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Paul pounds out a record
9:30am Friday 27th July 2012 in Features
As world records are set to tumble in London, a York man is about to book his own place in history. MATT CLARK went to meet him
TODAY the world’s great athletes begin their quest for Olympic gold, but while they do so Paul Sigsworth will be pounding the streets of York in his bid for rather different medal glory.
Paul, from Tollerton, is a runner and he’s training for the Berlin Marathon in September. It’s one of the five World Marathon Majors and when Paul passes the finishing line he will become only the sixth Brit to complete them all.
They are huge events typically attracting 30,000 to 50,000 runners including all the marathon greats.
“That’s the great thing about them,” says Paul. “I can’t think of another sport where you get fun runners rubbing shoulders with the world’s elite.”
His marathon career began with the Great North Run.
“I was hopeless at sport at school and got into running as an adult. Then I decided to try a half marathon and began wondering if I was up to a full marathon.
“I thought if I’m going to do one, let’s do it somewhere special.”
So in 2006 Paul signed up for the Chicago marathon. He didn’t realise it at the time, but his time was good enough for automatic qualification to the next major in Boston, Massachusetts – the world’s oldest and toughest.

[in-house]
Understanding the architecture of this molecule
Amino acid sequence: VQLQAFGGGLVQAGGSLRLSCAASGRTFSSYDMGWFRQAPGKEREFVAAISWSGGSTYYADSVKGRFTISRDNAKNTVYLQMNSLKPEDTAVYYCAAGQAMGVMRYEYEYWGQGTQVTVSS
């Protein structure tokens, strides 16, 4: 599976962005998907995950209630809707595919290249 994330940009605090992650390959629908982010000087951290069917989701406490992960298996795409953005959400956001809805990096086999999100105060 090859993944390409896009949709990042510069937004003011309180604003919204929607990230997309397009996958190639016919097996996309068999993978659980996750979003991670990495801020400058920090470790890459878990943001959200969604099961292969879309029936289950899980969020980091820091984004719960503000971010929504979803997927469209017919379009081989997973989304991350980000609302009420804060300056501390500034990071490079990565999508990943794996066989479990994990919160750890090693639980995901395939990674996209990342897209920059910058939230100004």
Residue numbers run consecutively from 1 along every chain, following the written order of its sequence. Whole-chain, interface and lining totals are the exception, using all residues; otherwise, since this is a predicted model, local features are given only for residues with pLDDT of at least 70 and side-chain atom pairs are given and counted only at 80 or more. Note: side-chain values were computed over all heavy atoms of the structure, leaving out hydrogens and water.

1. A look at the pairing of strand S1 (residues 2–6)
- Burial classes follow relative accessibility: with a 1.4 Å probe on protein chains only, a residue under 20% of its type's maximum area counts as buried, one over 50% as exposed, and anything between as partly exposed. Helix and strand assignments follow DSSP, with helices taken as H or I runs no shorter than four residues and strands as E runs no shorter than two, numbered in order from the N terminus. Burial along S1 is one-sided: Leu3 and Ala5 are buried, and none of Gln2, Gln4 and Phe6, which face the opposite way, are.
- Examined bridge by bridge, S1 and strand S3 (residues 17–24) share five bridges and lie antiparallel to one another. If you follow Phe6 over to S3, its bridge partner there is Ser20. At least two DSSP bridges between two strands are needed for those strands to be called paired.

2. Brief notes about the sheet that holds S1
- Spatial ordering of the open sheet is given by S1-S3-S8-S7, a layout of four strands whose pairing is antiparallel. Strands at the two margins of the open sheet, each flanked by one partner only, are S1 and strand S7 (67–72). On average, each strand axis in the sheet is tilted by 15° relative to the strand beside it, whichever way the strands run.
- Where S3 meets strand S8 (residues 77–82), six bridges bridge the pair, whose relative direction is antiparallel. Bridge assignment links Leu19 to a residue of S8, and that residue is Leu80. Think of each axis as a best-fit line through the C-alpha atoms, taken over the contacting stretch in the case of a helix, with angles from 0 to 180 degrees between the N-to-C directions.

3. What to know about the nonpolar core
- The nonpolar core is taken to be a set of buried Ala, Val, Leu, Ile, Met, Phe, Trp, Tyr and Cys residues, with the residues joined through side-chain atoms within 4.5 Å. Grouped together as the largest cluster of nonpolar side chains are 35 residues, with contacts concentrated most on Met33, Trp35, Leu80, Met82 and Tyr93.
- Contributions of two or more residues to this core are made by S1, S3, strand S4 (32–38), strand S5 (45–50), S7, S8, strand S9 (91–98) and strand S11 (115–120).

Well, he thought, why not?
The run dates to 1897 and is held on Patriots’ Day, a holiday commemorating the start of the Revolutionary War which in the 1800s was only recognized in Massachusetts and Maine.
“Boston is very serious, you don’t see any gorillas or bananas and it’s a harder course but it really was very special.”
Paul says there’s a lot of fear in the running world concerning Boston and rightly so. It starts nicely enough, with a gentle down slope for a few miles, then the middle bit is flat. But at around 16 miles it starts getting hilly; very hilly. And that sorts the men from the boys.
“There is one called Heartbreak Hill and if you are going to come apart that’s where it happens.”
It was around lunchtime when Paul made Heartbreak Hill. It was hot and the waft of barbequed burgers from crowds lining the hill didn’t help his tired, hungry body, nor did the offer of an ice-cold beer. Pure torture, Paul calls it, but he carried on and finished well.
“Having done two I’d learned how to train, I’d got the recipe. It’s an art form, getting everything properly balanced with not too much of this or too little of that.
“So I got thinking there are these five marathon majors, I’ll do the lot and raise some money for cancer charities.”
This is another passion. Paul does a day a week at the Marie Curie York office, the rest of his time is spent running an innovations business.
Evenings are normally family time, but not at the moment. Paul is busy training for the Berlin marathon on September 30 and he aims to beat the average of the five other Brits at three hours 37 minutes.
“After Chicago I’d proven to myself that I had the tenacity to keep going. We can all run and it doesn’t really take much training to do 10k, but once you get beyond 16 miles it’s not in the body, it’s all in the head.”
That’s where cheering crowds help, as long as they are not offering beer and burgers.